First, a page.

Official Guide to the Government Court: N.Z. Centennial Exhibition
"Health is one of the greatest blessings which any individual can enjoy. There was a time when questions affecting the health and physical comfort of the people were received in the legislative halls with covert sneers and careless indifference, but that time has happily passed away. Public health ... is becoming more and more the pressing question of the day."
The Colonial Secretary, the Hon. William Gisborne, spoke these words when, in 1872, he introduced the Bill setting forth the first Public Health Act of New Zealand. Since that time the public health organisation of the country has steadily widened in scope as increasing scientific knowledge has indicated methods whereby life could be lengthened and made happier and more effective.
The Health Department to-day concerns itself with all aspects of preventive and curative medicine. At headquarters the Department is organised into several divisions, namely: Public Hygiene, School Hygiene, Dental Hygiene, Hospitals, Nursing and Maternal Welfare. For the purposes of local administration the Dominion is divided into health districts, each under the charge of a Medical Officer of Health with a field staff of medical officers, inspectors and nurses.page 43
Through these combined forces the health of the people is safeguarded. Supervision is exercised over water and food supplies, sanitary conditions, and infectious diseases. Positive health teaching is given on important matters, such as correct diet. The welfare of the mother and child receives prominence in the Department's work. By regular medical inspection of school children, by dental care and education, by the distribution of free milk, by the establishment of health camps, and by numerous other activities there is being exerted a beneficial influence on the physical and mental vitality of the young.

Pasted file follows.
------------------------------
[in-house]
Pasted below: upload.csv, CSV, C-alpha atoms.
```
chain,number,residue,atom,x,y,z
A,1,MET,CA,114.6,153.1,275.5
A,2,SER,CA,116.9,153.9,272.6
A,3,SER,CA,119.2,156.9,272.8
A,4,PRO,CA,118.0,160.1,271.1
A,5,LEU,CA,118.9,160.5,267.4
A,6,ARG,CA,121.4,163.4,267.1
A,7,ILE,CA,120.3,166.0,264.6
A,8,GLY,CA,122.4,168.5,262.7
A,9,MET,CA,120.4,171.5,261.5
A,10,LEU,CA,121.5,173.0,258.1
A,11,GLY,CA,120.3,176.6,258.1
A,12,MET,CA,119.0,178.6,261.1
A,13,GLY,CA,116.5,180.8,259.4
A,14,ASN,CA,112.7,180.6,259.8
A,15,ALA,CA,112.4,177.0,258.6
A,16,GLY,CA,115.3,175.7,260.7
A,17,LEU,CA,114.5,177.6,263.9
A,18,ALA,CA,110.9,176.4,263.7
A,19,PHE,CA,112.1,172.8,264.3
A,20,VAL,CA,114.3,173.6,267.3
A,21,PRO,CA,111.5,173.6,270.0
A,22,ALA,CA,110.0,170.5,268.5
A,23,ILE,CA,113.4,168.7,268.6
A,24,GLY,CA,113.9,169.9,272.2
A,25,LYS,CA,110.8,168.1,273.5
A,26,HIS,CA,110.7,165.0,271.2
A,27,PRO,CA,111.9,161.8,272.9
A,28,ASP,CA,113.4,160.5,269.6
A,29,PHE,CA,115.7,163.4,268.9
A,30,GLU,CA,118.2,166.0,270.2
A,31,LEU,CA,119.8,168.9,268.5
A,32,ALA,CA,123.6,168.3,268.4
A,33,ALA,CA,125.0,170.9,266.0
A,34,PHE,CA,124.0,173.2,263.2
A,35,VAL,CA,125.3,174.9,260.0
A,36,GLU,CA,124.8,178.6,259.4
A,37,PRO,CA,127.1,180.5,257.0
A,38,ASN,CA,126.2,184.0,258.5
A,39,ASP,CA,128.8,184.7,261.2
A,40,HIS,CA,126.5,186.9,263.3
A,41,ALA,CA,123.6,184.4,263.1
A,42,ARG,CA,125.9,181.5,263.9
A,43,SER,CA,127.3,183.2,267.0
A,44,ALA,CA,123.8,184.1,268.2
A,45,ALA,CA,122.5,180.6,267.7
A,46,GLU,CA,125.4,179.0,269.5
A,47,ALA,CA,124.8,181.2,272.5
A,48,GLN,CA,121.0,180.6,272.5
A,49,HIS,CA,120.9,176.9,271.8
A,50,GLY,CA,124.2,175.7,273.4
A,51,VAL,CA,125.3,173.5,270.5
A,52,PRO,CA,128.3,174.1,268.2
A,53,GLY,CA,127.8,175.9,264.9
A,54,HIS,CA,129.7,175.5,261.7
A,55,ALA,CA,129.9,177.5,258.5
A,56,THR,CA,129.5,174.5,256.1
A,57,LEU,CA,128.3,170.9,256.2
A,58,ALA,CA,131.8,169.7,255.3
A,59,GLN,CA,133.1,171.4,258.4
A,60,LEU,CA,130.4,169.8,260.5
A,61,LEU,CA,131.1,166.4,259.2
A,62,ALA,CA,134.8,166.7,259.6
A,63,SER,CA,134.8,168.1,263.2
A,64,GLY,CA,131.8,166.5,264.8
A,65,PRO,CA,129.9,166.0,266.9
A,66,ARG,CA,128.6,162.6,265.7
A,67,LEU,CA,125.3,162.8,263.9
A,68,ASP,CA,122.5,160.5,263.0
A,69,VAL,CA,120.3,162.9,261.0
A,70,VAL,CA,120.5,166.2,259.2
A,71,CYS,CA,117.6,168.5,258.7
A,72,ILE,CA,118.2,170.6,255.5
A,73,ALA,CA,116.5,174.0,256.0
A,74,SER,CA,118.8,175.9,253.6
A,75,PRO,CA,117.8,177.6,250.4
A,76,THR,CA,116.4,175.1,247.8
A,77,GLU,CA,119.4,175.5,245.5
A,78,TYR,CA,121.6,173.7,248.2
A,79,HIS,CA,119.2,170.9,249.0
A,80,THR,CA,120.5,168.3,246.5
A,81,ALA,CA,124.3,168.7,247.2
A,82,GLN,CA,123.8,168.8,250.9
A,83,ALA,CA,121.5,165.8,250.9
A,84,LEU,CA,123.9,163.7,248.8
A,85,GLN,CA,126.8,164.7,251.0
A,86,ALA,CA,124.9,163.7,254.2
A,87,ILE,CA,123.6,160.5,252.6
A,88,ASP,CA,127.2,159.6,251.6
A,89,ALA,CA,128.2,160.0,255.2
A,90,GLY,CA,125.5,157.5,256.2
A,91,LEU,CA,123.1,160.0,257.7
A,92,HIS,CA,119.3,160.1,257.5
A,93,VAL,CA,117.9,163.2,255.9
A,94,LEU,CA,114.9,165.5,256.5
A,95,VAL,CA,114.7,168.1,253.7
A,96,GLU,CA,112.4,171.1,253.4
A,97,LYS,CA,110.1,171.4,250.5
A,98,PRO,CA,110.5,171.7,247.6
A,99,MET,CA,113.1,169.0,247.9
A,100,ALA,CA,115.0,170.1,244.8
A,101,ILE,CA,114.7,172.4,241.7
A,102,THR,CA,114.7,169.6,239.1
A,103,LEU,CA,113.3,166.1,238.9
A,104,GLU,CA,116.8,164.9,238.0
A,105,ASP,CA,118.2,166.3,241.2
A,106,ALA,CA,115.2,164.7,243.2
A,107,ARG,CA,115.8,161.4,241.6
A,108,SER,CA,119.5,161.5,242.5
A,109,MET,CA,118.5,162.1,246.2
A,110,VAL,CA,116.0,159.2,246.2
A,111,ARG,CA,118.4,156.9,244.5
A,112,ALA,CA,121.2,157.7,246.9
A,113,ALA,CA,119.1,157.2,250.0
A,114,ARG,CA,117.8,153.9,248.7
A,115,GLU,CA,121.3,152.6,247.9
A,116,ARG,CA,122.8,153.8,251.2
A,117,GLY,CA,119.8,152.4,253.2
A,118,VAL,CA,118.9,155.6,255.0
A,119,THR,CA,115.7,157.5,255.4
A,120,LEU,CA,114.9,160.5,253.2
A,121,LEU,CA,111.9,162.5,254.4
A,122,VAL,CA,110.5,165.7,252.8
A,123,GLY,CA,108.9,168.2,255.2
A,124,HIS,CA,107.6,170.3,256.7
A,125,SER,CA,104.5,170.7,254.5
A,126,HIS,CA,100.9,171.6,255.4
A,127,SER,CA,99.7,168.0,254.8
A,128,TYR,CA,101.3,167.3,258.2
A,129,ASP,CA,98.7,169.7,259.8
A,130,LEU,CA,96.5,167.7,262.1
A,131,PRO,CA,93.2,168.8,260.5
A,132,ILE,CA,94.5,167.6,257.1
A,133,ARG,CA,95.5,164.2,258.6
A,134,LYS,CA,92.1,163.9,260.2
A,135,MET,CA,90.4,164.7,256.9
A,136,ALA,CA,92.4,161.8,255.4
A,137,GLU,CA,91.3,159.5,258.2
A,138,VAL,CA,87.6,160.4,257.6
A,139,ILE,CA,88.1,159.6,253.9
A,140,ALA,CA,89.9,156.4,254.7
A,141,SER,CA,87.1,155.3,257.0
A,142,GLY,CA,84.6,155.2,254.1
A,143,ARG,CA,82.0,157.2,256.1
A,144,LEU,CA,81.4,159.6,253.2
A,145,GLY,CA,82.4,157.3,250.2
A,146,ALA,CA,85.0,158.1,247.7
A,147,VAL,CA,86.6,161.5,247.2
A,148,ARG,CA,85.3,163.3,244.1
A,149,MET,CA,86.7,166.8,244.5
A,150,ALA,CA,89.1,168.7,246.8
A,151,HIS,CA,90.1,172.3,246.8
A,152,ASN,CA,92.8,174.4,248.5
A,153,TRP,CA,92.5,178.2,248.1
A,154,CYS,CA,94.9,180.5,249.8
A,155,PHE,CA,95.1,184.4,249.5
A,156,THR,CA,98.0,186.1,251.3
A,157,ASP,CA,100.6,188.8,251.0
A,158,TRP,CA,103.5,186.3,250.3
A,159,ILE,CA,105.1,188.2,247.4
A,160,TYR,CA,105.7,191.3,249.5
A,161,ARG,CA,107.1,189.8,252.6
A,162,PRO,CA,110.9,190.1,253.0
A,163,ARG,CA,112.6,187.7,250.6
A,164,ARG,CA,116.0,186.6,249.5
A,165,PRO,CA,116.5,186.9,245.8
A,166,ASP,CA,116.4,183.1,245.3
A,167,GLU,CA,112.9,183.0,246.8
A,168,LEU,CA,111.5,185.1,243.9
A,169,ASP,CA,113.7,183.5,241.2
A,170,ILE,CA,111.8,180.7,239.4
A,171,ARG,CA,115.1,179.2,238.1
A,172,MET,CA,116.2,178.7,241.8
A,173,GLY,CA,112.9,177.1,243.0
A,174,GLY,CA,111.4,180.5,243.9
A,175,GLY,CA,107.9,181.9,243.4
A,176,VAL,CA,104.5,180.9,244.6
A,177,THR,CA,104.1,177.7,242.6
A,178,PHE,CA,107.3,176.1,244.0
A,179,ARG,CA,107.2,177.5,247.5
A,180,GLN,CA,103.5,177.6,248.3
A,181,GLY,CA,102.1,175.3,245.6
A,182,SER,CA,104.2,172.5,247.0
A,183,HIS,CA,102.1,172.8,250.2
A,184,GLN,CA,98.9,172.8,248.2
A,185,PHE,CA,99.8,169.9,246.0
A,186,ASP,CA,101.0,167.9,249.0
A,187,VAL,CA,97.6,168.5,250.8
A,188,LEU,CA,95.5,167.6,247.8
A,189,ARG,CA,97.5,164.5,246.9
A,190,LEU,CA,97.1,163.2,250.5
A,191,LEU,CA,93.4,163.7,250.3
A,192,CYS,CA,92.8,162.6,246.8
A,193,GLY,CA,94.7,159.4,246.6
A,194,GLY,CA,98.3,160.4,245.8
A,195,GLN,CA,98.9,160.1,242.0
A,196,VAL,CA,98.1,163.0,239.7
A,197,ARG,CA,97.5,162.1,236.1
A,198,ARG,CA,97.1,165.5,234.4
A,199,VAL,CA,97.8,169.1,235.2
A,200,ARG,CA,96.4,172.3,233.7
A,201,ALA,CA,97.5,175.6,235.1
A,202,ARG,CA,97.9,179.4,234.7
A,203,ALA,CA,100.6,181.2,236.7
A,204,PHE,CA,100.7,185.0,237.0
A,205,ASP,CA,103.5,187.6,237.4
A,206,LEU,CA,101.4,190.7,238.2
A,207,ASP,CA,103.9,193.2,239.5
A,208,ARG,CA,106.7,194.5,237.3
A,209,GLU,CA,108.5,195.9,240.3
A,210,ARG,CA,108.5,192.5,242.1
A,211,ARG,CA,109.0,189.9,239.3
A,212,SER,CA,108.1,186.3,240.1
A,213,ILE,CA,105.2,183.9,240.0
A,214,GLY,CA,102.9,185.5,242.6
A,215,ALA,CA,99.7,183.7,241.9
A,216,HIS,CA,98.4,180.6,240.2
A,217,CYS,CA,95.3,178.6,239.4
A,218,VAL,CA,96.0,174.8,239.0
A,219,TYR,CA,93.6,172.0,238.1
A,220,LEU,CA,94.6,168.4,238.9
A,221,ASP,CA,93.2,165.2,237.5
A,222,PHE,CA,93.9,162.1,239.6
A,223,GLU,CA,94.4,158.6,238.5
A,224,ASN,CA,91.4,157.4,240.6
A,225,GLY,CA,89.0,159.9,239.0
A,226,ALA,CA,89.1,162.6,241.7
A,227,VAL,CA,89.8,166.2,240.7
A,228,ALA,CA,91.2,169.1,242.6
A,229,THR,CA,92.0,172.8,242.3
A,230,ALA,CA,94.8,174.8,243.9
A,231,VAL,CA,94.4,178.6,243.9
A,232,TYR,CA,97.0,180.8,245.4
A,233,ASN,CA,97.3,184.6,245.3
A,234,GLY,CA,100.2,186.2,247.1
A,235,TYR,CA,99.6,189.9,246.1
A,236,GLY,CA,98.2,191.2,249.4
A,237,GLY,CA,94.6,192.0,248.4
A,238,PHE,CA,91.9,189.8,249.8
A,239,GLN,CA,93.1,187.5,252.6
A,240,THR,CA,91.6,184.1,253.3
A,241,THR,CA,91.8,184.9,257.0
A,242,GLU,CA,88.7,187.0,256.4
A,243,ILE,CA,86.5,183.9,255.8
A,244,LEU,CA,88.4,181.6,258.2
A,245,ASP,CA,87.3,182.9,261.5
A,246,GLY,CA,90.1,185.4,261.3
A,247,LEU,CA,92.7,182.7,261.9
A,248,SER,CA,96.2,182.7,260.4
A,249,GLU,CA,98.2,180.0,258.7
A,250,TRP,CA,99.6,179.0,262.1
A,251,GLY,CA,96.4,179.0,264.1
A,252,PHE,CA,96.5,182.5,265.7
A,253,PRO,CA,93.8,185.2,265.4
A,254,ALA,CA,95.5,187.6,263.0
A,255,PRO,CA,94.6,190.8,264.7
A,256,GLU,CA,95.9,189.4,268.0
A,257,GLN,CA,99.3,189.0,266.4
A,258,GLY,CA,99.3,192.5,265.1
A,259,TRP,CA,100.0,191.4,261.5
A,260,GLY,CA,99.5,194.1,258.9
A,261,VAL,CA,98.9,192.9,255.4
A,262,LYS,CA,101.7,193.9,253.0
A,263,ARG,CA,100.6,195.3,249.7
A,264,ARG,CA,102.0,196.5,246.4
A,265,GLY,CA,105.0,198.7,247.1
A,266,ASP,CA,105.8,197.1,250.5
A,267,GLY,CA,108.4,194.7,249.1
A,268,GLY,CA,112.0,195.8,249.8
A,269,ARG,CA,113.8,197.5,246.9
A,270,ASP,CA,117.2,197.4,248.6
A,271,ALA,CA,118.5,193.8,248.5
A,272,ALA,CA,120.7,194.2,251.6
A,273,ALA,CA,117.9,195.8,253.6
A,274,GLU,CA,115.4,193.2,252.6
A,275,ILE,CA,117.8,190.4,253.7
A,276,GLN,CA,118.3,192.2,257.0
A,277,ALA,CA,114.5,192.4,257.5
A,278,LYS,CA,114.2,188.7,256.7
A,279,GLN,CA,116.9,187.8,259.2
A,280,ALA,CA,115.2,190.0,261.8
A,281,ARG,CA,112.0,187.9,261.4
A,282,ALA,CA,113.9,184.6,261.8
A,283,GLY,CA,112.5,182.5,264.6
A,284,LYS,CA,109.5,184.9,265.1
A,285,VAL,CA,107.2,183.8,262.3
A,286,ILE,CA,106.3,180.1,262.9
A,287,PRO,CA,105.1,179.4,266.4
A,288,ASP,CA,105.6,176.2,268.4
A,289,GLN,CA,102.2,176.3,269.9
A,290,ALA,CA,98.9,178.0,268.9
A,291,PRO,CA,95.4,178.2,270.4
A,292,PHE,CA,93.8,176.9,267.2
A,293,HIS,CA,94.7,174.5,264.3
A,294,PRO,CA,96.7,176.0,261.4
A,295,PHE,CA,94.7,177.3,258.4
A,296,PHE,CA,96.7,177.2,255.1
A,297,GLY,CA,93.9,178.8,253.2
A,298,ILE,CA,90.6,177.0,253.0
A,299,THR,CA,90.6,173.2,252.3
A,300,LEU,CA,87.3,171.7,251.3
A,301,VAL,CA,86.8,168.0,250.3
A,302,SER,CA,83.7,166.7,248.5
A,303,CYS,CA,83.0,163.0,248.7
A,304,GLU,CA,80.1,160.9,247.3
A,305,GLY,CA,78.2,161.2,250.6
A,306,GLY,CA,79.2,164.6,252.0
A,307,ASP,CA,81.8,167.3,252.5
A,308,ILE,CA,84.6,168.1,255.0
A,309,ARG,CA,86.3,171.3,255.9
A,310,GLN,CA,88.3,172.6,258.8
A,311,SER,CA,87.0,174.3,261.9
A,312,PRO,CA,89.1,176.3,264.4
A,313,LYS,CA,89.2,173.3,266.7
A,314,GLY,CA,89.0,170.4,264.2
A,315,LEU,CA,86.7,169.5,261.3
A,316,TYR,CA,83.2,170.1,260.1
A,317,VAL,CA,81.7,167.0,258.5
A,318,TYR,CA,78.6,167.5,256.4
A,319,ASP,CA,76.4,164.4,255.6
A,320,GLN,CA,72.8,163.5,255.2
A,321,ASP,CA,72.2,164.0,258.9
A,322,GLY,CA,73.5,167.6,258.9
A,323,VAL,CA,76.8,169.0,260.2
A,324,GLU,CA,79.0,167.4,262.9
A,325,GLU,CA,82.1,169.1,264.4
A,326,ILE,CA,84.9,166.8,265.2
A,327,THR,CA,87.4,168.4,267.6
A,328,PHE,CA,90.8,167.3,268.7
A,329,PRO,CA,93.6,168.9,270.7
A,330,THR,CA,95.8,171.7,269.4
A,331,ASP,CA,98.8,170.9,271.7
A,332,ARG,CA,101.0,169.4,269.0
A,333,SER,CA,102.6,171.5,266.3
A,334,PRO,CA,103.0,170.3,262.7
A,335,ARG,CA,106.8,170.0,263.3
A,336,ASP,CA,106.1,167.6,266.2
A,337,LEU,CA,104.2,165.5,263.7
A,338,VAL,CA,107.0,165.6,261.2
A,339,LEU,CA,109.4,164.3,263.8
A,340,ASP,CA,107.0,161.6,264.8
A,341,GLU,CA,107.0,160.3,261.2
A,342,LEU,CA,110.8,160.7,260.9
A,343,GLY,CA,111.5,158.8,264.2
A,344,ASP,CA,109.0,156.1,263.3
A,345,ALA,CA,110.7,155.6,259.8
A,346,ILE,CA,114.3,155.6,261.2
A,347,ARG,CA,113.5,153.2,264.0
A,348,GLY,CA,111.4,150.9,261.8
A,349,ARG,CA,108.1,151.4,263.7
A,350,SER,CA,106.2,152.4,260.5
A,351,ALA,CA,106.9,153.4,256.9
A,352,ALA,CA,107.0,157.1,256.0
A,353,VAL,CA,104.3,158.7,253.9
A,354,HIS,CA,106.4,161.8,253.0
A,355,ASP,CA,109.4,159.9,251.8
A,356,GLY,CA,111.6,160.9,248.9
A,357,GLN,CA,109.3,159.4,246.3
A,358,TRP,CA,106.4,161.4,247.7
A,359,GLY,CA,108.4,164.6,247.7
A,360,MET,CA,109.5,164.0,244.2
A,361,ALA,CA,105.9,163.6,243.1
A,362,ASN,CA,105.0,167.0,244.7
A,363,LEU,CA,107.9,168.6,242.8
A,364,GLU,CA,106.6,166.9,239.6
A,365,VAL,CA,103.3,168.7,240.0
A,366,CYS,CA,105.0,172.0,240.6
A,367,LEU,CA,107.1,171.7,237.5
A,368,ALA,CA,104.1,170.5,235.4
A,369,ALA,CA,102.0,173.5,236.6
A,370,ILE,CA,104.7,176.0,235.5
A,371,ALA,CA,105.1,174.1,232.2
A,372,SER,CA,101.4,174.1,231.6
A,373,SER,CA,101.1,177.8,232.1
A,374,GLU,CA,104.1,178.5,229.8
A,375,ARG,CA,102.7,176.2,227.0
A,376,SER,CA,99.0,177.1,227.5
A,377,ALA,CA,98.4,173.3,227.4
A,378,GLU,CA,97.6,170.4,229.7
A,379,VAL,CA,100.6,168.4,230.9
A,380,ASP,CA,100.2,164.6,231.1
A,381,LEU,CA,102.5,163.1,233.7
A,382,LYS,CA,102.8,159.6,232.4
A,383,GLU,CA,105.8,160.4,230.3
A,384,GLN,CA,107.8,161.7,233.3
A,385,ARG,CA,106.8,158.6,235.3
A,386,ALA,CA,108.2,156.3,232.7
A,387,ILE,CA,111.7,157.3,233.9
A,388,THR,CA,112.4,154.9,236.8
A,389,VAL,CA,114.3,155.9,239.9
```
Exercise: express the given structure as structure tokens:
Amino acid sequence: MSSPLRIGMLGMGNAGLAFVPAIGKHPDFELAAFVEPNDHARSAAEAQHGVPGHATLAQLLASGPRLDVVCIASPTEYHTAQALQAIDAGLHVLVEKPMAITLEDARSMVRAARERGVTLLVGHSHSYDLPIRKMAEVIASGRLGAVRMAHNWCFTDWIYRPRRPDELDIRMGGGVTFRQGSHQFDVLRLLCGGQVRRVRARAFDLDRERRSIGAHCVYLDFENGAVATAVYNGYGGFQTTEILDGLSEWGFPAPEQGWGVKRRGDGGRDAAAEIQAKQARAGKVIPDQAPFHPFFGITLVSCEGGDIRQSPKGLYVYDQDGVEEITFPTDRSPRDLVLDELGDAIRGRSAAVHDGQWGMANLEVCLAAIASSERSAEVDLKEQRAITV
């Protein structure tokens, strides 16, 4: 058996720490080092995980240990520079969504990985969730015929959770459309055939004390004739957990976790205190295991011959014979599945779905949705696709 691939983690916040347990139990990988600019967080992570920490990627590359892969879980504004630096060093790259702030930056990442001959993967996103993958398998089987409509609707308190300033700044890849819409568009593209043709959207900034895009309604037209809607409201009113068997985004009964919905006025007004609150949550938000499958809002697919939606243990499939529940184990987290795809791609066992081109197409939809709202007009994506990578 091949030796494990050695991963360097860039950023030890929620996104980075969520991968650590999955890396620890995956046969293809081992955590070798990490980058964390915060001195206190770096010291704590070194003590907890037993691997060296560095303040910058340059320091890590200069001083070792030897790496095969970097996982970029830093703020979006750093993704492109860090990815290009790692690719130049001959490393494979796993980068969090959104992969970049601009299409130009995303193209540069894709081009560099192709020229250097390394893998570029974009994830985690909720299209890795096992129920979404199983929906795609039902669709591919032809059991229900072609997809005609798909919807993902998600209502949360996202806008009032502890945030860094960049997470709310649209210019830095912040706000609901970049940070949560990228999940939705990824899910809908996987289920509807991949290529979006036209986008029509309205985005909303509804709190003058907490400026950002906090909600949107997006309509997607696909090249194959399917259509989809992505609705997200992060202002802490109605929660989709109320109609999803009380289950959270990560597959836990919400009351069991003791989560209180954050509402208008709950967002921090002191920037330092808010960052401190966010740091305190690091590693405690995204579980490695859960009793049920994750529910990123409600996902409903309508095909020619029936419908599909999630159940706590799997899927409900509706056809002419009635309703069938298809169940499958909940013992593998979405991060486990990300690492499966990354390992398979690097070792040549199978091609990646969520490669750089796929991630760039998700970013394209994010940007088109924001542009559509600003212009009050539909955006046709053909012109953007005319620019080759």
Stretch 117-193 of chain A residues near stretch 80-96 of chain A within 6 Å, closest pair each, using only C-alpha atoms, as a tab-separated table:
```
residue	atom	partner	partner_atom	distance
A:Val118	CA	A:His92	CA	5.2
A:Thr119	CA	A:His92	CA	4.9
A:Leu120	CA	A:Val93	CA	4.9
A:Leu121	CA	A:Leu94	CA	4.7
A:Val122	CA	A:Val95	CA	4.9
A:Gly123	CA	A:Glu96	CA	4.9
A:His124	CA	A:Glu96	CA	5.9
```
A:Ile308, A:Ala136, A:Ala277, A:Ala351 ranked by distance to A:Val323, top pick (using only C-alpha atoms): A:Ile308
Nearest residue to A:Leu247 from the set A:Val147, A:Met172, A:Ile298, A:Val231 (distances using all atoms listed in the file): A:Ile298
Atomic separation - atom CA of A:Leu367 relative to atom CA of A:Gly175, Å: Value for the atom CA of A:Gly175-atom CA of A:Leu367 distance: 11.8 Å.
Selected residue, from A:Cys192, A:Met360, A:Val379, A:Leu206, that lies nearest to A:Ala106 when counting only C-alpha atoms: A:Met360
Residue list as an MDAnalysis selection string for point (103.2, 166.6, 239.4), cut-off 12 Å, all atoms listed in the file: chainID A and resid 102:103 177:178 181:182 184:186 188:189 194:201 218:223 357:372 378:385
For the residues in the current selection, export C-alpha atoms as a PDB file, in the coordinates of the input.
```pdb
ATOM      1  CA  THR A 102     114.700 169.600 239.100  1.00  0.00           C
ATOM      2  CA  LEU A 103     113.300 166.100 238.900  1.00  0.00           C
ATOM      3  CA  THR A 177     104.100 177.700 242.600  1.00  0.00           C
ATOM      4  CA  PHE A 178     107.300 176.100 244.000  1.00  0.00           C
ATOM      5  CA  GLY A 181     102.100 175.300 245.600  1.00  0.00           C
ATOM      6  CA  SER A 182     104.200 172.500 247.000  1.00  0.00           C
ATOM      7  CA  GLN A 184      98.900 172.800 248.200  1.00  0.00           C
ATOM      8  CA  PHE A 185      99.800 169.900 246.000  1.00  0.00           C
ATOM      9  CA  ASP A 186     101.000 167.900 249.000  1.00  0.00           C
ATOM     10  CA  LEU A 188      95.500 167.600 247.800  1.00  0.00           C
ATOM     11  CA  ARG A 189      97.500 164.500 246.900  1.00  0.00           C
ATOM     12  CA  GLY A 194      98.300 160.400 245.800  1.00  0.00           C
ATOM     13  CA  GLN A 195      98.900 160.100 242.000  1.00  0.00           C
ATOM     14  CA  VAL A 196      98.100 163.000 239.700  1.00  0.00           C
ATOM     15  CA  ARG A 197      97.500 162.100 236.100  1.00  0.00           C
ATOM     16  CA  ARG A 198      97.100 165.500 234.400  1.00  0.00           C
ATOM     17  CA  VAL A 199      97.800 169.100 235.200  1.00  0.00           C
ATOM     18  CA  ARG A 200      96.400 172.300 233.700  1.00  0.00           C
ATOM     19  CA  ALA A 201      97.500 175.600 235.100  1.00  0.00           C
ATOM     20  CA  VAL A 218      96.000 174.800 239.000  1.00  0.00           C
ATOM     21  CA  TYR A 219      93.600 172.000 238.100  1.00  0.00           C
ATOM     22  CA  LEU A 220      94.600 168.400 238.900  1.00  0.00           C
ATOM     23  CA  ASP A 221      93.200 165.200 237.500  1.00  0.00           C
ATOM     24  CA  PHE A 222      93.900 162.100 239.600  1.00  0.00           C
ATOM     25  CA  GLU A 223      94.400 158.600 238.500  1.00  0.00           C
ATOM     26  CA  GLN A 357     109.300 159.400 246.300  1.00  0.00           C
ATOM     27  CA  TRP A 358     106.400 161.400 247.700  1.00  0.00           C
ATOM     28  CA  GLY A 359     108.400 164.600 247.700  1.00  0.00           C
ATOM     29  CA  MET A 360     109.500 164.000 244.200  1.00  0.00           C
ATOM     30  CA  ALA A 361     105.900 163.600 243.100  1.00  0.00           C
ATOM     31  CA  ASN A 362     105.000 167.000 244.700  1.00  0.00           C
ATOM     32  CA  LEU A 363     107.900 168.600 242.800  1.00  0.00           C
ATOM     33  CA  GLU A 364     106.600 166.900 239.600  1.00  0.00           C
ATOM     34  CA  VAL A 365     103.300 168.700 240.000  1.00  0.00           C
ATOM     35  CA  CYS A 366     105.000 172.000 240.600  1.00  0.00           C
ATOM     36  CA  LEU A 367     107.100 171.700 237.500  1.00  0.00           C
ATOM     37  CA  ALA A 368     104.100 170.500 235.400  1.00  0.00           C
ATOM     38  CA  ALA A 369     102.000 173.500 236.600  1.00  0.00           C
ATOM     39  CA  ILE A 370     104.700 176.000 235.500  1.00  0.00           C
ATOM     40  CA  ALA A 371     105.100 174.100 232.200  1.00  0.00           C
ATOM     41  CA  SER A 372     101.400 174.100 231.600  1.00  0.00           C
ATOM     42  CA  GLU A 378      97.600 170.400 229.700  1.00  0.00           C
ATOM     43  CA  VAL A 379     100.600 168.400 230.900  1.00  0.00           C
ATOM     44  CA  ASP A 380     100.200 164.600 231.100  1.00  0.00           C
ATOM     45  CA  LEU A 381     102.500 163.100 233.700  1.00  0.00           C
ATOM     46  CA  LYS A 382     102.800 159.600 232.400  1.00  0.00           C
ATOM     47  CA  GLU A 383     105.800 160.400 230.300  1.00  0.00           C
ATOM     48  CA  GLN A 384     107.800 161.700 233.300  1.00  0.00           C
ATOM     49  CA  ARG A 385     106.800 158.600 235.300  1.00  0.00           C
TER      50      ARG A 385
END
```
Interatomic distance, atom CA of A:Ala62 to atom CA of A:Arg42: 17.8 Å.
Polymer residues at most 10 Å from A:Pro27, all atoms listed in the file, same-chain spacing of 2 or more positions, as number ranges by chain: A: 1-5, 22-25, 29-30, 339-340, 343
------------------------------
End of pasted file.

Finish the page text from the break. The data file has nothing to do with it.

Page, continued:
The Department pays special attention to the well-being and health of the Maori race, and for this purpose employs a large staff of district nurses in Maori districts.
In addition to the foregoing, the Department administers legislation relative to the training, registration and control of various professional groups, including medical practitioners, dentists, nurses and midwives, masseurs and opticians. It also interests itself in and renders assistance to many activities allied to its own, such as medical research.
Through its Hospitals Division, the Department exercises an oversight of the public hospitals of the Dominion and of the administration of Hospital Boards.
Thus it will be seen that the Department is constantly furnishing the public with scientific knowledge on a host of subjects bearing on individual and communal health. The Department's display in the Government Court is designed to interest, educate and stimulate to further study those who find a key to happiness and prosperity in the promotion of health and disease-prevention.